Prominent Greek actor, director and politician Kostas Kazakos died in Athens on Tuesday, 13 September, aged 87.
He had been hospitalised for weeks in Evangelismos Hospital in Athens after testing positive for COVID-19 in early August.
Kazakos was suffering from a chronic respiratory problem and died of multi organ failure.
He was born in 1935 in Pyrgos, Ilia. At the age of 18, he moved to Athens to study pedagogy, but due to his father’s leftist heritage he was not allowed to enrol at the school. As a result he changed his plans and attended the Lykourgos Stavrakos School of Cinema and the Karolos Koun Drama School of Art Theatre.
In 1957, he made his stage debut and worked thereafter with numerous theatre companies. He had supporting parts in a few movies, but his big break came in 1967, when he was given the lead role in the movie “Kontserto gia Polyvola” starring Tzeni Karezi. From 1968 to 1992 he was married to the actress Jenny Karezi, with whom he had a son, also actor Konstantinos Kazakos.
Throughout his career, Kazakos held prominent positions including, vice-president of the Hellenic Centre of the International Theatre Institute, general secretary of the Panhellenic Union of Free Theatre, and President of the Panhellenic Cultural Movement. At the same time, he was a founding member of the Hellenic Arab Association and a member of the Committee for the Licensing of the Profession of Actors.
He was honoured with the Golden Apollo, an actor award of the Athens Film Critics Association in 1967, and the first Gold Award of the Thessaloniki Film Festival in 1973 for the best theatrical production, Lysistrata. He was also honoured with the Award of the Union of Playwrights and Critics for his entire contribution.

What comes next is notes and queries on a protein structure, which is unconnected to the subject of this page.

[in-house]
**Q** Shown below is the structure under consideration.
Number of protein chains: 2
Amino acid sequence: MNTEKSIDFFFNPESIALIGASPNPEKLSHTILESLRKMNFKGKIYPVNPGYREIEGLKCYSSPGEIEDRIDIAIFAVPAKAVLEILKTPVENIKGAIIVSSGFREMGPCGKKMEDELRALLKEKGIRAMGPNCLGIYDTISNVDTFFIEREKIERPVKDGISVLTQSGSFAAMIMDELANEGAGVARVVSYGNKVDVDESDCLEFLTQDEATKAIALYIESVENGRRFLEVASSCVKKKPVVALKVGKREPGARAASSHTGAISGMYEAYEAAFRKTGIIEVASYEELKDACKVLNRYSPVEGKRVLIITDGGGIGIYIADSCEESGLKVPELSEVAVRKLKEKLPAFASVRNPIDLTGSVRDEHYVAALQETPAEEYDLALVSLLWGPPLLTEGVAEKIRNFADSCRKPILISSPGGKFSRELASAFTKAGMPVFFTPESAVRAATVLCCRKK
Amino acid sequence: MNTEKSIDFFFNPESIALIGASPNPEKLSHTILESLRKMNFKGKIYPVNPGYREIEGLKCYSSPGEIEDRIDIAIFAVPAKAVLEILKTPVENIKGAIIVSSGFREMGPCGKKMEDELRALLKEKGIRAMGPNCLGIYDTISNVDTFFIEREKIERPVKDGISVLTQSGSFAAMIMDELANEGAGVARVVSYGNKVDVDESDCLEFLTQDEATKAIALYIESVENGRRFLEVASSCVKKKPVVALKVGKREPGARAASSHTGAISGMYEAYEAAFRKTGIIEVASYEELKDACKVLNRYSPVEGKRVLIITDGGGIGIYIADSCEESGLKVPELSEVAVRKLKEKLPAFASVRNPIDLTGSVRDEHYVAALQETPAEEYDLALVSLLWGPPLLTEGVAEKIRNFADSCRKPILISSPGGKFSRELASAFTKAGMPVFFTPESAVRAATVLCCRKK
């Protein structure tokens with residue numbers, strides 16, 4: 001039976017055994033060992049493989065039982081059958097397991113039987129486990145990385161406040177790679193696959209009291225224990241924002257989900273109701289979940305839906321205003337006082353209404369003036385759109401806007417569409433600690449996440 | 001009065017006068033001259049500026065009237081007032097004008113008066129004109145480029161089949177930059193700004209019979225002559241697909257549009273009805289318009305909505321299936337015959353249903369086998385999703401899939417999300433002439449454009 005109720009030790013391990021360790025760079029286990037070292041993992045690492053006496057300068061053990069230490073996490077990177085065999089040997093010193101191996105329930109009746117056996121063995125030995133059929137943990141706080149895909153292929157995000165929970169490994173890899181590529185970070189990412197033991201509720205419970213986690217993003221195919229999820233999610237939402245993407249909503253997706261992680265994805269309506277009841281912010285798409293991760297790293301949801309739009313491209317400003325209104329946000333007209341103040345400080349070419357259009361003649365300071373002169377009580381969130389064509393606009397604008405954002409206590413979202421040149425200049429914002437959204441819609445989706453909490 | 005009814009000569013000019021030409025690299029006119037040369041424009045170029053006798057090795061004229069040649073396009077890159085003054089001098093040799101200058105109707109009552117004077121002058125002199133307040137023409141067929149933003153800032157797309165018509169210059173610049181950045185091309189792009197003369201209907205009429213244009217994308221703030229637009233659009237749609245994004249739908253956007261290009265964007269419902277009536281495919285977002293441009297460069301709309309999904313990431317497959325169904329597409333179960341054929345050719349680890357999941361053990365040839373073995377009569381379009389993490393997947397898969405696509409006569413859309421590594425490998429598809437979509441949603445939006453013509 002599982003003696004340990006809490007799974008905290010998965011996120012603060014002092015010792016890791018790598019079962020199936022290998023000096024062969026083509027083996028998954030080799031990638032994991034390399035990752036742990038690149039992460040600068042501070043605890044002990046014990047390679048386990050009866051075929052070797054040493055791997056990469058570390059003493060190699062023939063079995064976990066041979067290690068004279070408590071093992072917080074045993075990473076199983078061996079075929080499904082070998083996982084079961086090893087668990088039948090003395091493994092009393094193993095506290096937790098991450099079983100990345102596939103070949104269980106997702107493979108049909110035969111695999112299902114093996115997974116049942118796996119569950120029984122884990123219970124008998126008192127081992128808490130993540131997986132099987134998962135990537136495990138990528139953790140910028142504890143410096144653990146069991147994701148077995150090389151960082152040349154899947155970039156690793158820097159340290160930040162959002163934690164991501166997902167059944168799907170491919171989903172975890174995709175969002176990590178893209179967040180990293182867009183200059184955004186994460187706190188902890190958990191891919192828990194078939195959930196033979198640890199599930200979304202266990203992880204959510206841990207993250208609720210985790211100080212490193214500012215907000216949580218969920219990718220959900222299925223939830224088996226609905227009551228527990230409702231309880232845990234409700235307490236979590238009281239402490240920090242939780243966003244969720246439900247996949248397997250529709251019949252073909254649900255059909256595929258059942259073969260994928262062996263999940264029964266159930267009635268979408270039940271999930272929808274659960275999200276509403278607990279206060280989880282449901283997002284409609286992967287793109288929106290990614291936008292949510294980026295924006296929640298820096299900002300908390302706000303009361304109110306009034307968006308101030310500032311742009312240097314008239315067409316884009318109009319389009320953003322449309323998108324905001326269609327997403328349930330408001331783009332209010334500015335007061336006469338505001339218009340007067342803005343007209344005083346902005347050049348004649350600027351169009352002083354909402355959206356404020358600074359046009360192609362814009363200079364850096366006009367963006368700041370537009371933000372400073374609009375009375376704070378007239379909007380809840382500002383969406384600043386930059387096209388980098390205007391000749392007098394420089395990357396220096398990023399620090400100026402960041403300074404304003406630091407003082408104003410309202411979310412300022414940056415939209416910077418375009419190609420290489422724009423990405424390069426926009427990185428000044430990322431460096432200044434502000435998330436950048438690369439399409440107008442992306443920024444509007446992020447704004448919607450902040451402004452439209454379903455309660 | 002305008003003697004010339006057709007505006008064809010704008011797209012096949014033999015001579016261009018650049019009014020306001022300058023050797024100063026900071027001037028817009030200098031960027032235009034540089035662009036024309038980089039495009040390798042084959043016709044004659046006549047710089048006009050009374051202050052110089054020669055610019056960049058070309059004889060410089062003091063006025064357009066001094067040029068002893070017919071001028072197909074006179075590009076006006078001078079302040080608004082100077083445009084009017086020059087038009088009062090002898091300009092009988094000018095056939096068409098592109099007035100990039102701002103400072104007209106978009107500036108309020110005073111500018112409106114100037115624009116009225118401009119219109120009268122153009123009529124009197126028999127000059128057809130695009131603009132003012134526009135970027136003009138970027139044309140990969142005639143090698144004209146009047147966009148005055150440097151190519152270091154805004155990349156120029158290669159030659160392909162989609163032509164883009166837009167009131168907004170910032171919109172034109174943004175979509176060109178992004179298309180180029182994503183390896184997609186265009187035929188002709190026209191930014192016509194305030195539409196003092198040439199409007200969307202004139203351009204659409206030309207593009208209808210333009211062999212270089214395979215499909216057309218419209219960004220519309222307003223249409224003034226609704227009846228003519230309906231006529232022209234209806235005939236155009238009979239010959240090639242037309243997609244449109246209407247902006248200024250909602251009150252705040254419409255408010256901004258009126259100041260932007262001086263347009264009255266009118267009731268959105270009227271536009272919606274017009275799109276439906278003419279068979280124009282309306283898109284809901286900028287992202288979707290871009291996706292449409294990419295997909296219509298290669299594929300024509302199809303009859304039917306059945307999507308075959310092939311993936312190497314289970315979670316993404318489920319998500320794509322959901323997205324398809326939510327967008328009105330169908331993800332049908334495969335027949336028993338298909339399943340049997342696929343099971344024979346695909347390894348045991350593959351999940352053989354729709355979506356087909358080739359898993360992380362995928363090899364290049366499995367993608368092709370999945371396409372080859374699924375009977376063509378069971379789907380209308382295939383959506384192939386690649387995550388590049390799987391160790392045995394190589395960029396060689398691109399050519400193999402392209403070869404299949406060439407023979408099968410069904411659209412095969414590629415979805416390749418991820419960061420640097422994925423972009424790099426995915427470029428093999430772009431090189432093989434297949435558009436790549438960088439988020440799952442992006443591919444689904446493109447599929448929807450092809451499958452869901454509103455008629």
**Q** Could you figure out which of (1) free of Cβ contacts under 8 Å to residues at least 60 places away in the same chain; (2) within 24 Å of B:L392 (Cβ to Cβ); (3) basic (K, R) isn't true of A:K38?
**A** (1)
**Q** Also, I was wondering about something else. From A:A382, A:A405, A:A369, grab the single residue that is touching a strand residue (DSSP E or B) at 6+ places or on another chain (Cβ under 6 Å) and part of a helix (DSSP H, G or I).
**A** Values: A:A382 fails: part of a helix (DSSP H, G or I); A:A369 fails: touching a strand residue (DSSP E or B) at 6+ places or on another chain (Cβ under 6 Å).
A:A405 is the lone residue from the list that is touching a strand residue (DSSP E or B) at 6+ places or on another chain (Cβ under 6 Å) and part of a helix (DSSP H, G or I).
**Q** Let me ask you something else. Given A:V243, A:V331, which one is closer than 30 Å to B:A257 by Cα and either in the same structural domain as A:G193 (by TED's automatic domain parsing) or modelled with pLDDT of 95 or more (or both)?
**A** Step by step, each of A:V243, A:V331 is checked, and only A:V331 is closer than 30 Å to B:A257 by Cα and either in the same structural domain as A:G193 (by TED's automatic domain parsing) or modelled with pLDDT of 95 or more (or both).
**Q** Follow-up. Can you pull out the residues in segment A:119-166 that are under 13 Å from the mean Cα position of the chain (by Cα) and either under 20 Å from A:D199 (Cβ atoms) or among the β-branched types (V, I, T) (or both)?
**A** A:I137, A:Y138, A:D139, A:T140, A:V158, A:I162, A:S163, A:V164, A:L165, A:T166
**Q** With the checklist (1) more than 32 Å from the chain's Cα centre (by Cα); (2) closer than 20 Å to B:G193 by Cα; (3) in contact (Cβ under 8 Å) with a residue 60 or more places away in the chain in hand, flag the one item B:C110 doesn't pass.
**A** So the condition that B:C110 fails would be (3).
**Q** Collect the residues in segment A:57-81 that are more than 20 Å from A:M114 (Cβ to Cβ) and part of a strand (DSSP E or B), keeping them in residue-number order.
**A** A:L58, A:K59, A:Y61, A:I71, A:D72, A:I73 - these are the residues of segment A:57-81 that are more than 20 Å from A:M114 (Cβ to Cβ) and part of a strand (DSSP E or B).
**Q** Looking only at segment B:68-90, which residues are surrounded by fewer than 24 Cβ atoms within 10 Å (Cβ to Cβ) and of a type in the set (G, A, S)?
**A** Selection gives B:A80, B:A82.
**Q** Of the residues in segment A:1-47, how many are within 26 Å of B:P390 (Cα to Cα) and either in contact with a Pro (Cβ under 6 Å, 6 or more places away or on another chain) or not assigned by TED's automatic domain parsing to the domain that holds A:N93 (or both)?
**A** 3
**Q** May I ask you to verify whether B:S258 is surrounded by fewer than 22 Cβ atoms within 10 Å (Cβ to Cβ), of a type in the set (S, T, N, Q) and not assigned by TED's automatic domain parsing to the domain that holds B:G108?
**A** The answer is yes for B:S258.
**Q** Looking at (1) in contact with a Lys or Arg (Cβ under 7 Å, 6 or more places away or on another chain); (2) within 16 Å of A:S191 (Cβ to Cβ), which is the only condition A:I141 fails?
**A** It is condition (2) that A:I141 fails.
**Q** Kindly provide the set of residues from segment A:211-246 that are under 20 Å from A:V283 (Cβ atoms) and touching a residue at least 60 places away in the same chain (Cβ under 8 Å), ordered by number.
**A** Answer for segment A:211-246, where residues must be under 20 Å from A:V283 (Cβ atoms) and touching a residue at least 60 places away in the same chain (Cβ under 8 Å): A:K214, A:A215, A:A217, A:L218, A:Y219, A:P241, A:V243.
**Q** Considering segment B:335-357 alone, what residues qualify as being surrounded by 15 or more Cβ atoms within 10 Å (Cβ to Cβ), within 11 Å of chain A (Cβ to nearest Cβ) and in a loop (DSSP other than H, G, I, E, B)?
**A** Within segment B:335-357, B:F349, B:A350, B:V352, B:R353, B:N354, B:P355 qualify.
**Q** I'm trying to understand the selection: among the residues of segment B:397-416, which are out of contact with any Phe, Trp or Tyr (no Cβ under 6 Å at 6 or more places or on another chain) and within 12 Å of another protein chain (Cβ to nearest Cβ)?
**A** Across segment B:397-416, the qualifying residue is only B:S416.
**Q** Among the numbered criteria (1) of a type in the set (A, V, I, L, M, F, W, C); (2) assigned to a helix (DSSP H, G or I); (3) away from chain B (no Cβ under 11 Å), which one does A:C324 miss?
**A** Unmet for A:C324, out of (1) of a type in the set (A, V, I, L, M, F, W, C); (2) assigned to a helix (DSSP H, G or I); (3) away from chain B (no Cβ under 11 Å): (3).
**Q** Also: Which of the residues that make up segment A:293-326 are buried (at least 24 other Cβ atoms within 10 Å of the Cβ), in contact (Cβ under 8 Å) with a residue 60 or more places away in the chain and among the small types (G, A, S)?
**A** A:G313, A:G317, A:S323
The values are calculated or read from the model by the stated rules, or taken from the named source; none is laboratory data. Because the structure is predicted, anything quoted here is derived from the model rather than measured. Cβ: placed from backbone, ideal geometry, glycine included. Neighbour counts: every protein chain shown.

In 1997 he married actress, Jenny Kollia and together they had four children. One of his daughters, Artemis-Georgia lost her life on June 25, 1999, at the age of 8 months, a week after her baptism after suffering from a rare disease.
Kazakos also made a move into politics and was elected MP with the Communist Party of Greece in 2007 and again in 2009.
Greek Prime Minister Kyriakos Mitsotakis expressed his condolences to his family on social media.
“I was saddened to learn of the death of Kostas Kazakos. An exuberant and dynamic personality, who was constantly present in Art, as well as in public life as a member of parliament; both will now miss his imposing appearance and his characteristic voice,” Mitsotakis tweeted.
Foreign Affairs Minister Nikos Dendias also tweeted his condolences, calling Kazakos “one of the most significant actors in recent decades”.
The Communist Party of Greece released a statement of condolences that praised Kazakos’ career in the arts and his contribution to politics.